Pience says she and Casey are passionate about this topic because, as employees of Fortune 100 companies with large training budgets for security awareness, they continually see the same security mistakes being made by employees – both techy and non-techy – over and over again.

“With everyone wanting instant access to their own data – personal banking, medical records and bills – and companies clamoring to provide this access in multiple forms, the opportunities for human error have increased infinitely, and the human errors we have seen publicized in the media have been ‘duh’ lapses by ‘intelligent’ people,” Pience said.

“In many cases, the efforts of the people responsible for the security of an organization fail to properly get their point across, and it is even harder when trying to explain something that doesn’t have a quick fix and involves more technical astuteness on the part of the user –  oftentimes the difference between a successful security campaign and a non-successful one is simply communication.”

The session will be of utmost interest to anyone who handles or protects customer data on a daily basis, or creates proprietary programs and processes of obtaining customer data within company systems.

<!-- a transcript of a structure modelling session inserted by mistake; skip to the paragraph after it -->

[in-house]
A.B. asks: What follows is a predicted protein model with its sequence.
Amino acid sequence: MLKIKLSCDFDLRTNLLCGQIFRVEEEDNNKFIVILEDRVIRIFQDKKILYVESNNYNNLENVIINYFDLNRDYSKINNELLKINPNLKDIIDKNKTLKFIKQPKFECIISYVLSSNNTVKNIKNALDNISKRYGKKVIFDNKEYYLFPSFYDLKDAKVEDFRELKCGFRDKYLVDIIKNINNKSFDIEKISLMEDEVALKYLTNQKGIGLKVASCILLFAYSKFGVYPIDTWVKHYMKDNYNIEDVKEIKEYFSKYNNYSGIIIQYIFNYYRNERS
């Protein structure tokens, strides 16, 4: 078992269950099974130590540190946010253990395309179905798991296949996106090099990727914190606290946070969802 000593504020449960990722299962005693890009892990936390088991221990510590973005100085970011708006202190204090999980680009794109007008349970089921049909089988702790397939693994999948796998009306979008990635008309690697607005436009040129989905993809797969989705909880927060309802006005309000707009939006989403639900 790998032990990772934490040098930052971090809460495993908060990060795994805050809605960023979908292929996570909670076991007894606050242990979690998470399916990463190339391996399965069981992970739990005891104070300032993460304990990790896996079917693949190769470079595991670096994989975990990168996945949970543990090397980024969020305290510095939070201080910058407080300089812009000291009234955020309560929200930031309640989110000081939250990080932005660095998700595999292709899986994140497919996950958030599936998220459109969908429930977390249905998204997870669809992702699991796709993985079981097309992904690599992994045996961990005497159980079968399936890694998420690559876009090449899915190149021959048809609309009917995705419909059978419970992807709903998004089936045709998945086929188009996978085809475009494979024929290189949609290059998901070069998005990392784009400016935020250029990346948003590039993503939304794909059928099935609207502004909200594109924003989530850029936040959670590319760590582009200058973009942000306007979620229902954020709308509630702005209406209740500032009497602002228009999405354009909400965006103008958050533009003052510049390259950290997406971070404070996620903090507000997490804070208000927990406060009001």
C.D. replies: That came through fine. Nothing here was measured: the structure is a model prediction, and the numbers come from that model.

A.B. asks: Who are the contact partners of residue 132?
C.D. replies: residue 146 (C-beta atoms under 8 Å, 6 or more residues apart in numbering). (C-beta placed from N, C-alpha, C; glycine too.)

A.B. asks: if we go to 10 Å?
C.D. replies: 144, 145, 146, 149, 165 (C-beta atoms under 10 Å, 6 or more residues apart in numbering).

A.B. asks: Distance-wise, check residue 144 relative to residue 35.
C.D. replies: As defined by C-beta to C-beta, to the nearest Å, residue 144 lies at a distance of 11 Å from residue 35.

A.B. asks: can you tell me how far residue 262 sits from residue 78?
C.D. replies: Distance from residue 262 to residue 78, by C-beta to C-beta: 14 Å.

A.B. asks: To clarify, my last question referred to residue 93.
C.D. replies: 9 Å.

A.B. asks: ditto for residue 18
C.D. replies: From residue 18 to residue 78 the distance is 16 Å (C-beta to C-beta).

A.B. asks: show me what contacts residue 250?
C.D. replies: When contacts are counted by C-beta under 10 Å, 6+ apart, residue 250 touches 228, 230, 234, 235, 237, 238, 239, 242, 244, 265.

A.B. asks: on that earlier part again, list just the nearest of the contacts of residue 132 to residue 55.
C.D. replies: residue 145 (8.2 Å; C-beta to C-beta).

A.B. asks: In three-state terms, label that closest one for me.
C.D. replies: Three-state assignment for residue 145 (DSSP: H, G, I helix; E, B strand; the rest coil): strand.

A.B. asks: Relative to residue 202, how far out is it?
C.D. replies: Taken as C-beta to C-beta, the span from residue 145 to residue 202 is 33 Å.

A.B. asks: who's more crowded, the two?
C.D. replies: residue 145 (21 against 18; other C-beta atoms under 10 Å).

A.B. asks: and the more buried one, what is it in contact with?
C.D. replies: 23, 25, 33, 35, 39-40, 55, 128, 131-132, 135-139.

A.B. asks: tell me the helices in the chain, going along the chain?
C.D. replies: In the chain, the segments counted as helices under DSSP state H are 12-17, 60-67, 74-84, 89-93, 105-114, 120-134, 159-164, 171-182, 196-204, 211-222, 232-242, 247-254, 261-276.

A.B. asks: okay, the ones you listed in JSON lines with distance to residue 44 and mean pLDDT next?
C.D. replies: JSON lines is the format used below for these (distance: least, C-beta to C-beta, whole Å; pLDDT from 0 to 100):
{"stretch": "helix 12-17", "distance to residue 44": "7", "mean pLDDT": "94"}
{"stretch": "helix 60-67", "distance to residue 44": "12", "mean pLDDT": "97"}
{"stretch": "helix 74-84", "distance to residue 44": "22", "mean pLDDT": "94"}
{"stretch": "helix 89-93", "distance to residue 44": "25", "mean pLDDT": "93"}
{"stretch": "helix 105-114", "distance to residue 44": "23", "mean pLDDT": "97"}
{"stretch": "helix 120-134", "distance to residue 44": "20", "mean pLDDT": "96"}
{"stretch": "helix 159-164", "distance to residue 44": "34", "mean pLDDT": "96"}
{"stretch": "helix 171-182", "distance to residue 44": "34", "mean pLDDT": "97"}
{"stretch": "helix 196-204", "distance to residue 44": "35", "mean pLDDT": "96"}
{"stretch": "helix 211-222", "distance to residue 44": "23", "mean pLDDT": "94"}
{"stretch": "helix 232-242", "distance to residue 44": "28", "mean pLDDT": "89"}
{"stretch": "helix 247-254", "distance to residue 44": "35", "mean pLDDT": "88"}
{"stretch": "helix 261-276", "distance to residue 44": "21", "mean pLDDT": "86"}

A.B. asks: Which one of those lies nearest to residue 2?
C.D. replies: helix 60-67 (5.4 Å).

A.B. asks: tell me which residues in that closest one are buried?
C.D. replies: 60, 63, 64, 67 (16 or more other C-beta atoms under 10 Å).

“We feel it may be more vital to those who have influence over in creating, sponsoring or financing security awareness programs within companies handling customer data, as these people are better able to identify their specific audience and create effective training with levity they will better prepare their workforce to prevent lapses in judgment and error,” Pience said.

“Security developers will be aware of how to introduce changes to their applications that will create checks and balances to gain access to customer data, thus preventing employees from accessing data without appropriate information.”

Pience said she and Casey are hoping audience members come away with new ideas for creating security training within their own company, and a renewed sense of awareness of how important and effective these trainings can be within their own organization.

“And we hope that during this presentation someone who has already been running an awareness program or is putting one together will leave with at least one idea that can make their program more effective,” Pience said.

“We are also hoping that developers come away with the notion that they can create checks and balances within their proprietary systems to prevent attacks, and we hope they find inspiration for changing or upgrading their programs to include such checks and balances.”

While there will always be people who remain computer operators rather than true users, Pience and Casey point out that as generations of more technologically aware people enter the workforce and hacking force, there will be new methods of exploiting human error and lack of awareness.

“Developers can create new ways to assist in creating processes that will prevent opportunities for common attacks and human errors,” Pience said.